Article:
‘We have a biodiversity crisis’: feds announce $175 million for new conservation projects

by Sarah Cox of the Narwhal

“Indigenous-led initiatives in Clayoquot Sound and the Sacred Headwaters region are among 68 conservation projects across Canada to receive $175 million in new federal funding, Environment Minister Catherine McKenna announced in Victoria on Monday at an oceanside event crashed by a dozen shouting protesters.

McKenna also announced an additional $4.3 million for 49 projects to protect species at risk of extinction, including a project in the district of Oak Bay to support the recovery of 14 at-risk plant species in Uplands Park, such as the rare bearded owl-clover and water-plantain buttercup.

“We have a biodiversity crisis and we’re losing species — animals, nature, plants,” McKenna told reporters, local politicians and dignitaries who included former long-time federal environment minister David Anderson.

The minister said 67 conservation projects — including 27 initiatives to create new Indigenous protected and conserved areas — will be supported through the Canada Nature Fund, which aims to expand the country’s connected and protected areas as part of the Trudeau government’s pledge to double the amount of nature that Canada protects.

An additional project, to protect land and water in Clayoquot Sound on the west coast of Vancouver Island, will be funded through Canada’s Natural Heritage Conservation Program.

The nature fund and heritage conservation program are part of Canada’s $1.35 billion Nature Legacy initiative, launched last year to help meet commitments under the UN Convention on Biological Diversity, which aims to reverse the global destruction of nature and biodiversity loss.

The Nature Legacy initiative represents the single largest government investment in nature conservation in Canada’s history.

Canada and other nations agreed to accelerate biodiversity commitments in 2018, committing to protect at least 17 per cent of terrestrial areas and inland water and 10 per cent of coastal and marine areas by 2020 through networks of protected areas and other conservation measures.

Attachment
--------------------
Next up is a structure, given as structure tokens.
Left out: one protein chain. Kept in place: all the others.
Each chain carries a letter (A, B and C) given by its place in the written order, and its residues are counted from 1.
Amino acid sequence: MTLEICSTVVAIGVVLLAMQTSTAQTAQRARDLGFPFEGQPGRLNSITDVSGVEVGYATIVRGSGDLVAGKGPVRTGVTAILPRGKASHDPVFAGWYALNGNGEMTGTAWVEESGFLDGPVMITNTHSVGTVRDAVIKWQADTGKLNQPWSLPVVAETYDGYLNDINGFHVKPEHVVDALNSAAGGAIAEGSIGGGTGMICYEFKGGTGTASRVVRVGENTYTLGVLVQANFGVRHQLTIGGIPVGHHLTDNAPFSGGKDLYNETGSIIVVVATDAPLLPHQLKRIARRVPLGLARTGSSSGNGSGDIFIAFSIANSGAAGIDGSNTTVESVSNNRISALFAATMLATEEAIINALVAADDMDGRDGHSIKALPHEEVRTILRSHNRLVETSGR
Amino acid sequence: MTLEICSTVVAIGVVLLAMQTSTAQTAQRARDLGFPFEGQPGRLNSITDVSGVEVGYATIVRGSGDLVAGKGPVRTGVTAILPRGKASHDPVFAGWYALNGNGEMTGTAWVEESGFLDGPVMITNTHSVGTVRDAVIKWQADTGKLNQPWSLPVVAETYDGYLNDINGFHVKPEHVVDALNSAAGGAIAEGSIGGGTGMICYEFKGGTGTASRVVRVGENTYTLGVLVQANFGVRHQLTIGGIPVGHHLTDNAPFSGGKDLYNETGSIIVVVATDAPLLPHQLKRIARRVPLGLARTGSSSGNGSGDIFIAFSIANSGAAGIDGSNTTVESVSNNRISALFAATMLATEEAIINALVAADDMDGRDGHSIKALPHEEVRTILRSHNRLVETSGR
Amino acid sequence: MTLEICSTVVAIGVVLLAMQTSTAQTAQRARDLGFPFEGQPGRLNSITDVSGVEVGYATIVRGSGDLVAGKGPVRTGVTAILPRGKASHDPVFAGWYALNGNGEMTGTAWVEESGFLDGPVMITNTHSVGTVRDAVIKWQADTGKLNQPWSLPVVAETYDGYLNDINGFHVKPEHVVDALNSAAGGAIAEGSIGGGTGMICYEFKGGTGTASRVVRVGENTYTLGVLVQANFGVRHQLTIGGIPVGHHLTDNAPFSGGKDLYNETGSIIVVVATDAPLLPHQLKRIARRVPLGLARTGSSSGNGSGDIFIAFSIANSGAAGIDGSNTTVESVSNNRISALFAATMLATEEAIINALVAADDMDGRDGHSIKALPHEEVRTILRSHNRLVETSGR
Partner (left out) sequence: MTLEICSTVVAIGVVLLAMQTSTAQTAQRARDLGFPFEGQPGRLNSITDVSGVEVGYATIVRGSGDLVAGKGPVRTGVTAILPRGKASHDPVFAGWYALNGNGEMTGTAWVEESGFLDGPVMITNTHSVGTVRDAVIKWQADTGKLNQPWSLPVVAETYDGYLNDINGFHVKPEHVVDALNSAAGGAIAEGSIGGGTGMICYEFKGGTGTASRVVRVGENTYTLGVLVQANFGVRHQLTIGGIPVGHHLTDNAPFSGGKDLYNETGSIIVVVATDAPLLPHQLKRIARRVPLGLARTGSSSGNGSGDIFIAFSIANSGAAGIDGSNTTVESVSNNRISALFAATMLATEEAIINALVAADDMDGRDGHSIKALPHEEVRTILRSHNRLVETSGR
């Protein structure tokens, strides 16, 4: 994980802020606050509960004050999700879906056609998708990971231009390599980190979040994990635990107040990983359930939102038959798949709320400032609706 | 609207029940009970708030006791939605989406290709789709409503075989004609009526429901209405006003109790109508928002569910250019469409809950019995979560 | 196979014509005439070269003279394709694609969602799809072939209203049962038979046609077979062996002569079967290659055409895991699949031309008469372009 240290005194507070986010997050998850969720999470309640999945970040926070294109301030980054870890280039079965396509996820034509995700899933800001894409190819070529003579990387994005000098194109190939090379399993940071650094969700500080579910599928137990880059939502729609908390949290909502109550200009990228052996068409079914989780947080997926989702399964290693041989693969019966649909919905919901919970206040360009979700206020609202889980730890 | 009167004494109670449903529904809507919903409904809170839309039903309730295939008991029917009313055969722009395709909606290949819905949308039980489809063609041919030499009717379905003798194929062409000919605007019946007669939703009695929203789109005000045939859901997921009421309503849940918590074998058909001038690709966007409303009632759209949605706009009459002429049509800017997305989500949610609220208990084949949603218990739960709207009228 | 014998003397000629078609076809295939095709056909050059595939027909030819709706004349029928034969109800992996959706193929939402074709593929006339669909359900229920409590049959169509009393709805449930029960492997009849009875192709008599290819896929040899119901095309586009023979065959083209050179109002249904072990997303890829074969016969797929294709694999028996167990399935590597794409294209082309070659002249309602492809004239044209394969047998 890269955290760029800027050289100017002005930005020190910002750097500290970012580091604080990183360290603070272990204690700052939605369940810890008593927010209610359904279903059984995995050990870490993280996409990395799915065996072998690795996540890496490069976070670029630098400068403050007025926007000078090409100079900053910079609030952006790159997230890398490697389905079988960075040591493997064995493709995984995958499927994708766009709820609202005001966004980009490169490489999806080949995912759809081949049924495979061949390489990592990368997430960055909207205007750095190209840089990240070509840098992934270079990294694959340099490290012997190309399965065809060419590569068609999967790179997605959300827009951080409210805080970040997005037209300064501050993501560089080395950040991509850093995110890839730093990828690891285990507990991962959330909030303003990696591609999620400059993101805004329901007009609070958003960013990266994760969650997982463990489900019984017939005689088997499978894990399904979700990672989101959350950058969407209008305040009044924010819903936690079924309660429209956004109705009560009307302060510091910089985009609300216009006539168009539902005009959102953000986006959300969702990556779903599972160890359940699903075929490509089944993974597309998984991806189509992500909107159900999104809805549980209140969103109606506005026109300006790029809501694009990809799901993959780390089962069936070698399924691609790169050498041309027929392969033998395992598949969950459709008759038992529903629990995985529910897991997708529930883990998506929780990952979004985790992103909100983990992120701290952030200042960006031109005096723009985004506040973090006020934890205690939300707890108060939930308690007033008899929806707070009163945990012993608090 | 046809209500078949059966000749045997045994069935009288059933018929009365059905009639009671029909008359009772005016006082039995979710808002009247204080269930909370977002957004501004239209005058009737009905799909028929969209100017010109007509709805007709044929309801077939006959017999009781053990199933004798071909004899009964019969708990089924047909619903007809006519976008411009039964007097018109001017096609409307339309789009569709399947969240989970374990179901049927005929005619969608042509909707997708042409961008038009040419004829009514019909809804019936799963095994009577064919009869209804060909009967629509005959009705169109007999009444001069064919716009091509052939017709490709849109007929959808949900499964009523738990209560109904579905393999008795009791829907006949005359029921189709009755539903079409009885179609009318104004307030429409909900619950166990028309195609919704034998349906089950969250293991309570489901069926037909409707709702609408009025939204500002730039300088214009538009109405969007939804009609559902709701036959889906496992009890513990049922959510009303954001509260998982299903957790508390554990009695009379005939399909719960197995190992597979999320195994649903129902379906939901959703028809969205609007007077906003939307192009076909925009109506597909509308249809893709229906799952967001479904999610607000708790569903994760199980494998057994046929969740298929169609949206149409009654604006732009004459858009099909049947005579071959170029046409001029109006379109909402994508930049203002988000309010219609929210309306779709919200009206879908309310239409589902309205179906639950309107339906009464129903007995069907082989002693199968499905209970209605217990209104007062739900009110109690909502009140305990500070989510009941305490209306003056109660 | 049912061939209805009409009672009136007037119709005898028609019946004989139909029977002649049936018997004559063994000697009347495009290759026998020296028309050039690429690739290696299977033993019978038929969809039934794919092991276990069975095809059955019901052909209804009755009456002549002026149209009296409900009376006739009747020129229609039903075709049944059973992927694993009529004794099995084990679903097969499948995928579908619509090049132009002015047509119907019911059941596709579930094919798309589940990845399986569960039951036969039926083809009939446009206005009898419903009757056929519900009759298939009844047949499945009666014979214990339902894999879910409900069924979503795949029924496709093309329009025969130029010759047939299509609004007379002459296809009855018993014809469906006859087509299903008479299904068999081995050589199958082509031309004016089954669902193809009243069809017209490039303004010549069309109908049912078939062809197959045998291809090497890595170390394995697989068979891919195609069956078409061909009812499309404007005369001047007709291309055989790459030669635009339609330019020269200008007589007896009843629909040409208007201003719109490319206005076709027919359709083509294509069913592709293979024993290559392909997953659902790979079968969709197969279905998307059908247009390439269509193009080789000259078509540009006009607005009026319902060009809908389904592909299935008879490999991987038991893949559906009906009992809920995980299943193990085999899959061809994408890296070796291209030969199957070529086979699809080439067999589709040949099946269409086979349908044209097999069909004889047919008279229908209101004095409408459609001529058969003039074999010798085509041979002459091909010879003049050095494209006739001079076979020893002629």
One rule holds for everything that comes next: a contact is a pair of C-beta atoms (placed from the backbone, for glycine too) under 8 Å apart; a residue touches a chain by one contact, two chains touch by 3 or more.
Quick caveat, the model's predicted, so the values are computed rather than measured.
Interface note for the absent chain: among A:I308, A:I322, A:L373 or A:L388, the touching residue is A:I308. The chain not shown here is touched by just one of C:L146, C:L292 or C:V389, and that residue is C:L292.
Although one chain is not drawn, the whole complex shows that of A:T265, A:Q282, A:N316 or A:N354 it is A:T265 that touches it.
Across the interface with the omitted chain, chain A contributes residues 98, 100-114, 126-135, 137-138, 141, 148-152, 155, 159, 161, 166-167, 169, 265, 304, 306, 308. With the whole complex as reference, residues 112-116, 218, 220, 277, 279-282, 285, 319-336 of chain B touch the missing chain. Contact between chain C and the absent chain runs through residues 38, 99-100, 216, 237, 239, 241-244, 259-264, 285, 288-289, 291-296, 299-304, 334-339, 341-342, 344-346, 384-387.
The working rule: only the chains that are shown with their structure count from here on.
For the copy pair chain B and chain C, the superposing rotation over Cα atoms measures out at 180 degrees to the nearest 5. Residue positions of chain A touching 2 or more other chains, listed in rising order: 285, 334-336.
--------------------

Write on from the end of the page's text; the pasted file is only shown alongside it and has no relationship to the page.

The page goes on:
Tahltan aim to protect areas with salmon, caribou

McKenna said the funding includes $3.9 million for the Tahltan Central Government in northwest B.C. “to advance environmental stewardship and protection” through land-use planning and the identification of conservation opportunities.

“This region is home to many species at risk and significant habitat that provides a link to the Yellowstone to Yukon corridor, the Great Bear Rainforest and other protected areas,” McKenna told onlookers, whose applause drowned out the protesters’ shouts about everything from climate change to salmon farming to the Trans Mountain pipeline.

Christine Creyke, lands manger for the Tahltan Central Government, called McKenna’s announcement “very exciting.”

“Tahltan have been talking about these areas for decades now,” Creyke told The Narwhal. “With the amount of development that’s happening in our territory we really need to see some areas with protection.”

Creyke said land-use planning will involve three areas the Tahltan would like to protect, including the Shelsey area northwest of Telegraph Creek, which she described as “a very important area for cultural purposes but also as habitat for caribou and salmon.”

“The spawning habitat for salmon is in one of the lakes close to the Shelsey and that was one of the drivers for choosing that area, because caribou and salmon are both species that are of big concern.”

Mount Edziza, which the Tahltan call Ice Mountain, is the second region. Mount Edziza is protected as a provincial park but Creyke said one key area, where junior mining exploration company Skeena Resources holds a mineral tenure, was left out.

“Over the past years we’ve been working with the province and the company on giving that area back to the Tahltan,” she said."

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